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Georgian opposition parties urge mass protests against ‘Russian’ bill

Six Georgian opposition parties appealed on Thursday for mass protests against a government bill on ‘foreign agents’ which they say aims to block the South Caucasus country’s path towards the European Union and NATO.

The bill, which critics compare to legislation that Russia has used extensively to crack down on dissent, has already prompted three straight nights of demonstrations this week in the capital Tbilisi.

Up to 10,000 protesters gathered outside the parliament on Wednesday evening before marching on the prime minister’s office. At least 13 people have been detained over the past two days and one police officer was injured in altercations, the interior ministry said.

In their jointly published statement, the opposition parties hailed the protesters’ ‘fighting spirit’ and slammed the ruling Georgian Dream party for supporting the bill.

‘The Russian law initiated by ‘Georgian Dream’ is in contradiction with the Constitution of Georgia, the will of the Georgian people to become a full-fledged member of the European Union and NATO, and the long-term goal of securing the sovereignty of our country,’ the parties said.

The Kremlin has denied any association with the bill.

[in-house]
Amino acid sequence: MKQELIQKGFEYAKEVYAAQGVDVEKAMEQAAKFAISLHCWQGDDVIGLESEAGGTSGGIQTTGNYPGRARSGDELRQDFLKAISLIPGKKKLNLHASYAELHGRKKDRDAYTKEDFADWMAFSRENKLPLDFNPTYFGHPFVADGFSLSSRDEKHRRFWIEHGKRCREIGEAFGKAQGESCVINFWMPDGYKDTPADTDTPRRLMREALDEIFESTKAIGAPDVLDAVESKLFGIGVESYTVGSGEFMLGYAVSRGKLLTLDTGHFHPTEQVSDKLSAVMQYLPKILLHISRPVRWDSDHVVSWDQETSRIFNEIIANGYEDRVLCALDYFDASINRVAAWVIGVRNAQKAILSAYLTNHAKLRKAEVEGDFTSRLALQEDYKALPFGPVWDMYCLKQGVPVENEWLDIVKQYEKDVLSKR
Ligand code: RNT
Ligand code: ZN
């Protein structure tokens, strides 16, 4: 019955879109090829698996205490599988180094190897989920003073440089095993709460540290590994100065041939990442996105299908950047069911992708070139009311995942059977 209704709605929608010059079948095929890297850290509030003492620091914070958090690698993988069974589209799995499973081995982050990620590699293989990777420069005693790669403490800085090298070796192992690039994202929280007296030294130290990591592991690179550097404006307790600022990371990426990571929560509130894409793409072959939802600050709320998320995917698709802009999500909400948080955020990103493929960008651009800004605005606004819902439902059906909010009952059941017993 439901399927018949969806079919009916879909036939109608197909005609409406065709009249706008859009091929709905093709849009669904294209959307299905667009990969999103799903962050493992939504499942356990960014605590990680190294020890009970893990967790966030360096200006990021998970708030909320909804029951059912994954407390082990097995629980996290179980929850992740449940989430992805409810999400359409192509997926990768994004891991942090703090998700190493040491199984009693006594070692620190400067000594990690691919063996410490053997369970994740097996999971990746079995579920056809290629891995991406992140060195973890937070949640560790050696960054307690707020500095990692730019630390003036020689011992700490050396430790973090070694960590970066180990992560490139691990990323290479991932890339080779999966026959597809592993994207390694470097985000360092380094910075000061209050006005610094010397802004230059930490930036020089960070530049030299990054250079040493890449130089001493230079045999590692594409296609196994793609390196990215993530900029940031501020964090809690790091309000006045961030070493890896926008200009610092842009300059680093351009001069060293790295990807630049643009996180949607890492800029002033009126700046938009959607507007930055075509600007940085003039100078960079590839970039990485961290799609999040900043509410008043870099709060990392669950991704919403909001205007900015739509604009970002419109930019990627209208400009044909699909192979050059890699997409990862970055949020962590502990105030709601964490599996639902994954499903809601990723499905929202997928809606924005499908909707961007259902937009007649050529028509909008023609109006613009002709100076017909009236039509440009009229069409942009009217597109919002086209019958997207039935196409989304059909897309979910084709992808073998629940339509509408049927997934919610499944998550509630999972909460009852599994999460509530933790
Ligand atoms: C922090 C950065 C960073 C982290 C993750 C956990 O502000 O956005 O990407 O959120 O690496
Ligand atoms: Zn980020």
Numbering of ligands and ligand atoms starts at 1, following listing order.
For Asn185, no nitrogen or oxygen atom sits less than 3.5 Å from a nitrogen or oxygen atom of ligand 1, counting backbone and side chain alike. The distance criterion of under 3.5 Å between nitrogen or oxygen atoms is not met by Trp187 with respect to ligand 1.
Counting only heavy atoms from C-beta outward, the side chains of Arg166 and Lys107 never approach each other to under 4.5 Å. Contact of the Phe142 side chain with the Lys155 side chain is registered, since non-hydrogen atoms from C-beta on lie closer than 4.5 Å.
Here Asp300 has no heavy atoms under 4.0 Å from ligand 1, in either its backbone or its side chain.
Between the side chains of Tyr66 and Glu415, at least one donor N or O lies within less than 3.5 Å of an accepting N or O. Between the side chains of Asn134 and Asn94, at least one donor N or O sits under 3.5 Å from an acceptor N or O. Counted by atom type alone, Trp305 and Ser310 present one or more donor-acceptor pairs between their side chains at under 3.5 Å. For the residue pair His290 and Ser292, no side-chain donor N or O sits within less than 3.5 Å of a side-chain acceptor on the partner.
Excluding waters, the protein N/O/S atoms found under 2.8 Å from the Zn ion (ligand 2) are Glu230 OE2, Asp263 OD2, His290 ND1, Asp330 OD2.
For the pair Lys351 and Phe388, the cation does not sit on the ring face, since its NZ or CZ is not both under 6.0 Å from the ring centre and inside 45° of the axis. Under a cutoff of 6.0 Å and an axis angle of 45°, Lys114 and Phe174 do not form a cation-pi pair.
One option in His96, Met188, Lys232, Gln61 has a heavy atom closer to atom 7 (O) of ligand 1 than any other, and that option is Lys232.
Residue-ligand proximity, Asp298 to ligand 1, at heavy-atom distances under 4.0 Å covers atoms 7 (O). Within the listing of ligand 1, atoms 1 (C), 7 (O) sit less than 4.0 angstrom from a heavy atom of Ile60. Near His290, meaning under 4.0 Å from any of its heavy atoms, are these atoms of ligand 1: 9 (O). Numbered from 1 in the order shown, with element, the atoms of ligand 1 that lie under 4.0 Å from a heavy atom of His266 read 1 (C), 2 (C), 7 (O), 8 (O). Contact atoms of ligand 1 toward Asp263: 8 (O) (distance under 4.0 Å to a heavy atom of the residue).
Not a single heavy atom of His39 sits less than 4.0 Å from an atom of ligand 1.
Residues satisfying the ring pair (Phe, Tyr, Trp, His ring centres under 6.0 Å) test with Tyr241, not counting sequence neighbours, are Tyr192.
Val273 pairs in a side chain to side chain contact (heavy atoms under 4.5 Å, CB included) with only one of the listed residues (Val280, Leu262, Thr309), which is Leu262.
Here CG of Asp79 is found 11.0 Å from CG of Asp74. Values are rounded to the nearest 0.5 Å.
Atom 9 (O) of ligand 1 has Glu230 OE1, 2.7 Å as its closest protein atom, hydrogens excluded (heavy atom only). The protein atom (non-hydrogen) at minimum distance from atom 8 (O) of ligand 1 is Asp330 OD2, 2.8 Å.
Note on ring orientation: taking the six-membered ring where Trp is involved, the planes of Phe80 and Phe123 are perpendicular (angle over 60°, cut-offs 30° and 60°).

The opposition specifically singled out Bidzina Ivanishvili, a billionaire former prime minister who founded Georgian Dream, for ‘trying to kill the European future of Georgia’.

Ivanishvili could not be reached for comment.

The bill would require organizations receiving more than 20% of their funding from abroad to register as agents of foreign influence. Georgian Dream says it will help promote transparency and combat ‘pseudo-liberal values’ imposed by foreigners.

Eighty-three of parliament’s 150 deputies backed the bill on its first reading on Wednesday in a vote boycotted by opposition parties. It must clear two more readings to become law.

The EU said the bill risks blocking Georgia’s path to membership, while the U.S. State Department also expressed disappointment over Wednesday’s parliamentary vote.

‘(The bill) could limit freedom of expression, stigmatize organizations that deliver these benefits to the citizens of Georgia, and impede independent media organizations working to provide Georgians with access to high quality information,’ State Department spokesman Matthew Miller said in a statement.

Georgia’s pro-European opposition is deeply divided, including over the legacy of jailed former president Mikheil Saakashvili, whose United National Movement (UNM) party remains the country’s second largest.

The UNM was among the six signatories to Thursday’s appeal.

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